Reddell was surprised, too, and is urging the RBNZ’s board to ask hard questions about just what went on before the announcement. Continue reading “RBNZ board is pressed to put many hard questions about surprise slashing of the OCR”

If we go where Britain goes – well, it’s bad news for the champions of more bikes and fewer cars

We bring disquieting news to Associate Transport Minister Julie Anne Genter, the government she serves and all advocates of cycling to save the planet, improve our health … whatever.   Walking and cycling rates in Britain have not improved in nearly two decades,  throwing UK Government targets to boost “active” travel into doubt.

Figures published by the Department for Transport reveal cycling accounted for just 2 per cent of all journeys made in England last year.  The overall distance travelled on bicycles was the same as in 2002.

The Daily Mail tells us:  

The national travel survey also found the number of cycling trips made per person each year dropped from 18 in 2002 to 17 last year.

The stagnant figures come despite millions being invested in new cycle lanes – and suggest it is likely to fall well short of its target to double cycling trips between 2013 and 2025.

The number of journeys made on foot has remained steady over the 17-year period, standing at 264 in 2002 and 262 in 2018.

But the distance in miles walked per person each year has risen by 2 per cent in the same period, the DfT report said.

Cars are still the most common mode of transport, accounting for around 61 per cent of average miles travelled. The number of car journeys made between 2015 and 2018, both by drivers and passengers, was up 3 per cent.

Car ownership has also risen from 1.09 cars or vans per person in 2002 to 1.21 in 2018.

Continue reading “If we go where Britain goes – well, it’s bad news for the champions of more bikes and fewer cars”

Just imagine a meeting of these two minds and the avoidance of split infinitives

We propose a meeting between former New Zealand Attorney-General Chris Finlayson and Britain’s newly appointed Leader of the House of Commons, Jacob Rees-Mogg, to swap notes on good grammar and effective communication.  Mind you, we would prefer to steer well clear of any meeting between this particular pair of politicians.  Their enthusiasm for pedantry – we fear – would rapidly become tiresome.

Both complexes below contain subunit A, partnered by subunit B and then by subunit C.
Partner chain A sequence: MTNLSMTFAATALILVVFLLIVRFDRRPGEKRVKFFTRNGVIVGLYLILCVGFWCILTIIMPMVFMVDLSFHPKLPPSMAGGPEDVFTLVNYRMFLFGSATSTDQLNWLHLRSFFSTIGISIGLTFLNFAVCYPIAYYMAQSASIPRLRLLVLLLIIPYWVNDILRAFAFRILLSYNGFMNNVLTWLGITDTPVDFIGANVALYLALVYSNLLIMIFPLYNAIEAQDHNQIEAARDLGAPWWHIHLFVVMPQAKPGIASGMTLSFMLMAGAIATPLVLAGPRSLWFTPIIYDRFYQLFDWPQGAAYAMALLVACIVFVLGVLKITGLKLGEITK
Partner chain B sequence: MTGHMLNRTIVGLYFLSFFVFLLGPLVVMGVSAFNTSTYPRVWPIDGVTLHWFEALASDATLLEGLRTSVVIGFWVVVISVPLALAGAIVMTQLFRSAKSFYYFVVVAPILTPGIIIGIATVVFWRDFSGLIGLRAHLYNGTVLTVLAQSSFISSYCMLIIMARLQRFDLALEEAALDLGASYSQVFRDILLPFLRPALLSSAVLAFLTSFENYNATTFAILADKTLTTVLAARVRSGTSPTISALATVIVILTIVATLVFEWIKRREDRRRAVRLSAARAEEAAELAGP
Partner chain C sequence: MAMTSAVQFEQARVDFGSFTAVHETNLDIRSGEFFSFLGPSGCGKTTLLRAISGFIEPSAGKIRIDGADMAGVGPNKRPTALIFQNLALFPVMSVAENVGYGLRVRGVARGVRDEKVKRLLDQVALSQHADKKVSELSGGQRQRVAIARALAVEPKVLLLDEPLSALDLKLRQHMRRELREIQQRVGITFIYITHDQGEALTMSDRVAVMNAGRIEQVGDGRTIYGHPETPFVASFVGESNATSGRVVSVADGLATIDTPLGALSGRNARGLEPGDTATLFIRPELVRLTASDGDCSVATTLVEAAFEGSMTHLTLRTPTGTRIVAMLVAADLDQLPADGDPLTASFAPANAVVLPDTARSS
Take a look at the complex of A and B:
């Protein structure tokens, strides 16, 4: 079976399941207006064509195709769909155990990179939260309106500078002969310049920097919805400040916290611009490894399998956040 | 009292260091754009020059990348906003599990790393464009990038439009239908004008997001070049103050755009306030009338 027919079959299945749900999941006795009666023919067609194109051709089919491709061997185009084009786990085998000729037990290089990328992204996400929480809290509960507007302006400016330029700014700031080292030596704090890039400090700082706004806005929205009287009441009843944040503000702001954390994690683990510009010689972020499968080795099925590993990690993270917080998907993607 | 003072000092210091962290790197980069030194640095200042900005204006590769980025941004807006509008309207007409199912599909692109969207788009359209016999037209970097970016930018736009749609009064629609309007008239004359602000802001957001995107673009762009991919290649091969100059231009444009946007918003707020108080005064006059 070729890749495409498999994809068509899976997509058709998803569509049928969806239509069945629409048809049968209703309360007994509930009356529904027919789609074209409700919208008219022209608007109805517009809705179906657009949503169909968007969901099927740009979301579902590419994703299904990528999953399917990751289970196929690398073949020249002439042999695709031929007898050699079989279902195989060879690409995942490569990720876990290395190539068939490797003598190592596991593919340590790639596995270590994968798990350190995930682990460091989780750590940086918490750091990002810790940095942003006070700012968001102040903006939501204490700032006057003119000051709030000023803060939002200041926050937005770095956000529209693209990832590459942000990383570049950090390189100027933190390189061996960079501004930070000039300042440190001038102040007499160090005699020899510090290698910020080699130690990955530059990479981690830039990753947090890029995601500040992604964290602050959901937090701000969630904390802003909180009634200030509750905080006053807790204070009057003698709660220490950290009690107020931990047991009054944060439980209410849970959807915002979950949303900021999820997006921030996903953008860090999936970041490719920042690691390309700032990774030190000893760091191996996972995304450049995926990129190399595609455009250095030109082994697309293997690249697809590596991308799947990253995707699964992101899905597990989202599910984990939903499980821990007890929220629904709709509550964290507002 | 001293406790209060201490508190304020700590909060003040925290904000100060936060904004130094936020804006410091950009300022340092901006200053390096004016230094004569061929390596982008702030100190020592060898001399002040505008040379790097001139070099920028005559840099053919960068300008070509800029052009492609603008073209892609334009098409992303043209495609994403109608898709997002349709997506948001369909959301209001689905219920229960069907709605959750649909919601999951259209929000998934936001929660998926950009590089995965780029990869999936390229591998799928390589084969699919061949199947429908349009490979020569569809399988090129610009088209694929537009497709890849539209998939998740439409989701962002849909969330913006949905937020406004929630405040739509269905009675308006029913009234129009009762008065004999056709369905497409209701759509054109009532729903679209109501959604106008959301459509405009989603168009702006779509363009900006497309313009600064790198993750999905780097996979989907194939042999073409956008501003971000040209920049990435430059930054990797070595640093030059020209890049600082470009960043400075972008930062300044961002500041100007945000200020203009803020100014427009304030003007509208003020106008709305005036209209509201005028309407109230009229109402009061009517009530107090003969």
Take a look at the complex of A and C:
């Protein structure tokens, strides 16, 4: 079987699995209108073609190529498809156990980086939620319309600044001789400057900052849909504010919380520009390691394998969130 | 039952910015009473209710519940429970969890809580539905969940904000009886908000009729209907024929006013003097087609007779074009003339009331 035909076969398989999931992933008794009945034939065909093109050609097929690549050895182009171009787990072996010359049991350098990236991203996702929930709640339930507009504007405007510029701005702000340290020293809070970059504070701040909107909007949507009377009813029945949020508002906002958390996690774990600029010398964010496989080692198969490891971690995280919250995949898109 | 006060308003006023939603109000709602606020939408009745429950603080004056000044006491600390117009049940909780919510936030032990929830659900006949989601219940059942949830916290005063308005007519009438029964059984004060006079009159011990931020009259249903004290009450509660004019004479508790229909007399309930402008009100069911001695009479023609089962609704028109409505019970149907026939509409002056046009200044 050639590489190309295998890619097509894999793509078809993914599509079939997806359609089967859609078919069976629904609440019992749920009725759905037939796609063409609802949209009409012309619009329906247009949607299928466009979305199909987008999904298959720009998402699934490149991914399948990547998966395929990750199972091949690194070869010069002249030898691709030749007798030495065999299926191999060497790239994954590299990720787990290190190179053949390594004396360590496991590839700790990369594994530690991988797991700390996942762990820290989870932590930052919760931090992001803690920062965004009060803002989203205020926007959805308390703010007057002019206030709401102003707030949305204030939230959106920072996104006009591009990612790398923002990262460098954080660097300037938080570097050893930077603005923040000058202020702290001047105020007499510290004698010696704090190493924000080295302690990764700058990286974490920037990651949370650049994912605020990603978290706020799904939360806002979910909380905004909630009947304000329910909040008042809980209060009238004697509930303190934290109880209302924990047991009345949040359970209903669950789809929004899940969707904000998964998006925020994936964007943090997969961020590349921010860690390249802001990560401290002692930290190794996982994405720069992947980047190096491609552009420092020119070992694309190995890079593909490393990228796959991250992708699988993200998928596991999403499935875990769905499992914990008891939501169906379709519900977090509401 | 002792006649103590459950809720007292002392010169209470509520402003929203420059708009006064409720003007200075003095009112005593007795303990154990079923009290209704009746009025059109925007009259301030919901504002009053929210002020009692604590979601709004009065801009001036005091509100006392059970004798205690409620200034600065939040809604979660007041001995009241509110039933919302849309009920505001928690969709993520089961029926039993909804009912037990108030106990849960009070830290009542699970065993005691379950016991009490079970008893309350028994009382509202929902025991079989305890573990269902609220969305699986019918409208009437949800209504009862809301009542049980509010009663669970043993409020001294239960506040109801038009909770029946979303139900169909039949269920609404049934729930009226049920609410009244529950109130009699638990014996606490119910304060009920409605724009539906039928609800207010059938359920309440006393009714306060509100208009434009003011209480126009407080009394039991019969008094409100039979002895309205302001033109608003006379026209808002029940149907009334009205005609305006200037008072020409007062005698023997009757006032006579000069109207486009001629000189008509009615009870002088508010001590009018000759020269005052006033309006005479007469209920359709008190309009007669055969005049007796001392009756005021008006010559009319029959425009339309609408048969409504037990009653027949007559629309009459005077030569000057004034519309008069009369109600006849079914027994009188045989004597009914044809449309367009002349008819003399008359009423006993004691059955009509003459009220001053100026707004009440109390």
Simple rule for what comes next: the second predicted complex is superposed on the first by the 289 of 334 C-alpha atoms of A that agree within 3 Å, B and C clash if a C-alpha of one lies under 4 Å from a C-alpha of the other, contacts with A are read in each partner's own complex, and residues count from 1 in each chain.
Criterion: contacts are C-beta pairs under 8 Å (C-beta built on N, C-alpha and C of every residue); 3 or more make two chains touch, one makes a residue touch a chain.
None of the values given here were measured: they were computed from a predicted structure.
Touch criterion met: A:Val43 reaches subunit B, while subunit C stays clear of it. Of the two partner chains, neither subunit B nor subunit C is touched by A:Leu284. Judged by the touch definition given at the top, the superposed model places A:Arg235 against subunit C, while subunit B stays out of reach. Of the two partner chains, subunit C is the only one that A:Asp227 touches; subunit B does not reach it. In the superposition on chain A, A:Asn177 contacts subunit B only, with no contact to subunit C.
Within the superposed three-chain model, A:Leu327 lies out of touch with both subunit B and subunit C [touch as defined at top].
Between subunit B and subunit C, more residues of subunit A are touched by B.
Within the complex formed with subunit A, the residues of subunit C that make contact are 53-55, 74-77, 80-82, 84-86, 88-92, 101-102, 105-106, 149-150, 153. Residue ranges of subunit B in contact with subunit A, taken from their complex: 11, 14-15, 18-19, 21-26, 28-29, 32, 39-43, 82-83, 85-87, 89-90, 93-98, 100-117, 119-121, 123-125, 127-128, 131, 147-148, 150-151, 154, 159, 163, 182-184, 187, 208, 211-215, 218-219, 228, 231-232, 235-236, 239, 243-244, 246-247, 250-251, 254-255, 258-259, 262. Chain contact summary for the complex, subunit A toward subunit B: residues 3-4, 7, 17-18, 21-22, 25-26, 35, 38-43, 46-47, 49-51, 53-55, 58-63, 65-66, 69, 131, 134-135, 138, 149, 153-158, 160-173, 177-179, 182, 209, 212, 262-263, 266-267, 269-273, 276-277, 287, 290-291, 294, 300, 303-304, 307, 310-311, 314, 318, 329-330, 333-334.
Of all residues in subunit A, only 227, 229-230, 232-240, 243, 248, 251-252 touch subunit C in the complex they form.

Finlayson, it might be remembered, had a passion for avoiding split infinitives and eschewing the use Oxford commas.

He provided his staff with a list of more than 20 banned expressions.

Rees-Mogg’s staff similarly have been directed to avoid using certain words and to address men with the courtesy title “esquire.” Continue reading “Just imagine a meeting of these two minds and the avoidance of split infinitives”

Can’t cope with the pressure of international cricket? Put things in perspective by taking advice from Keith Miller

Psychologists, psychotherapists and what-have-you seem to be doing good business from helping players cope with something that – when all is said and done – is sport.

They are helping nerve-shattered fans, too, after the tense Cricket World Cup final between England and New Zealand, a game ultimately decided by the number of boundaries scored by each side.

On the strength of this, England won the cup.

Would the toss of a coin have been fairer?  Or should the title have been shared?

No matter.  The fact is a lot of Black Cap fans found their stress levels raised and the NZ Herald fretted:

“Kiwis have been left emotionally bruised today after New Zealand came just centimetres from winning the Cricket World Cup.”
Continue reading “Can’t cope with the pressure of international cricket? Put things in perspective by taking advice from Keith Miller”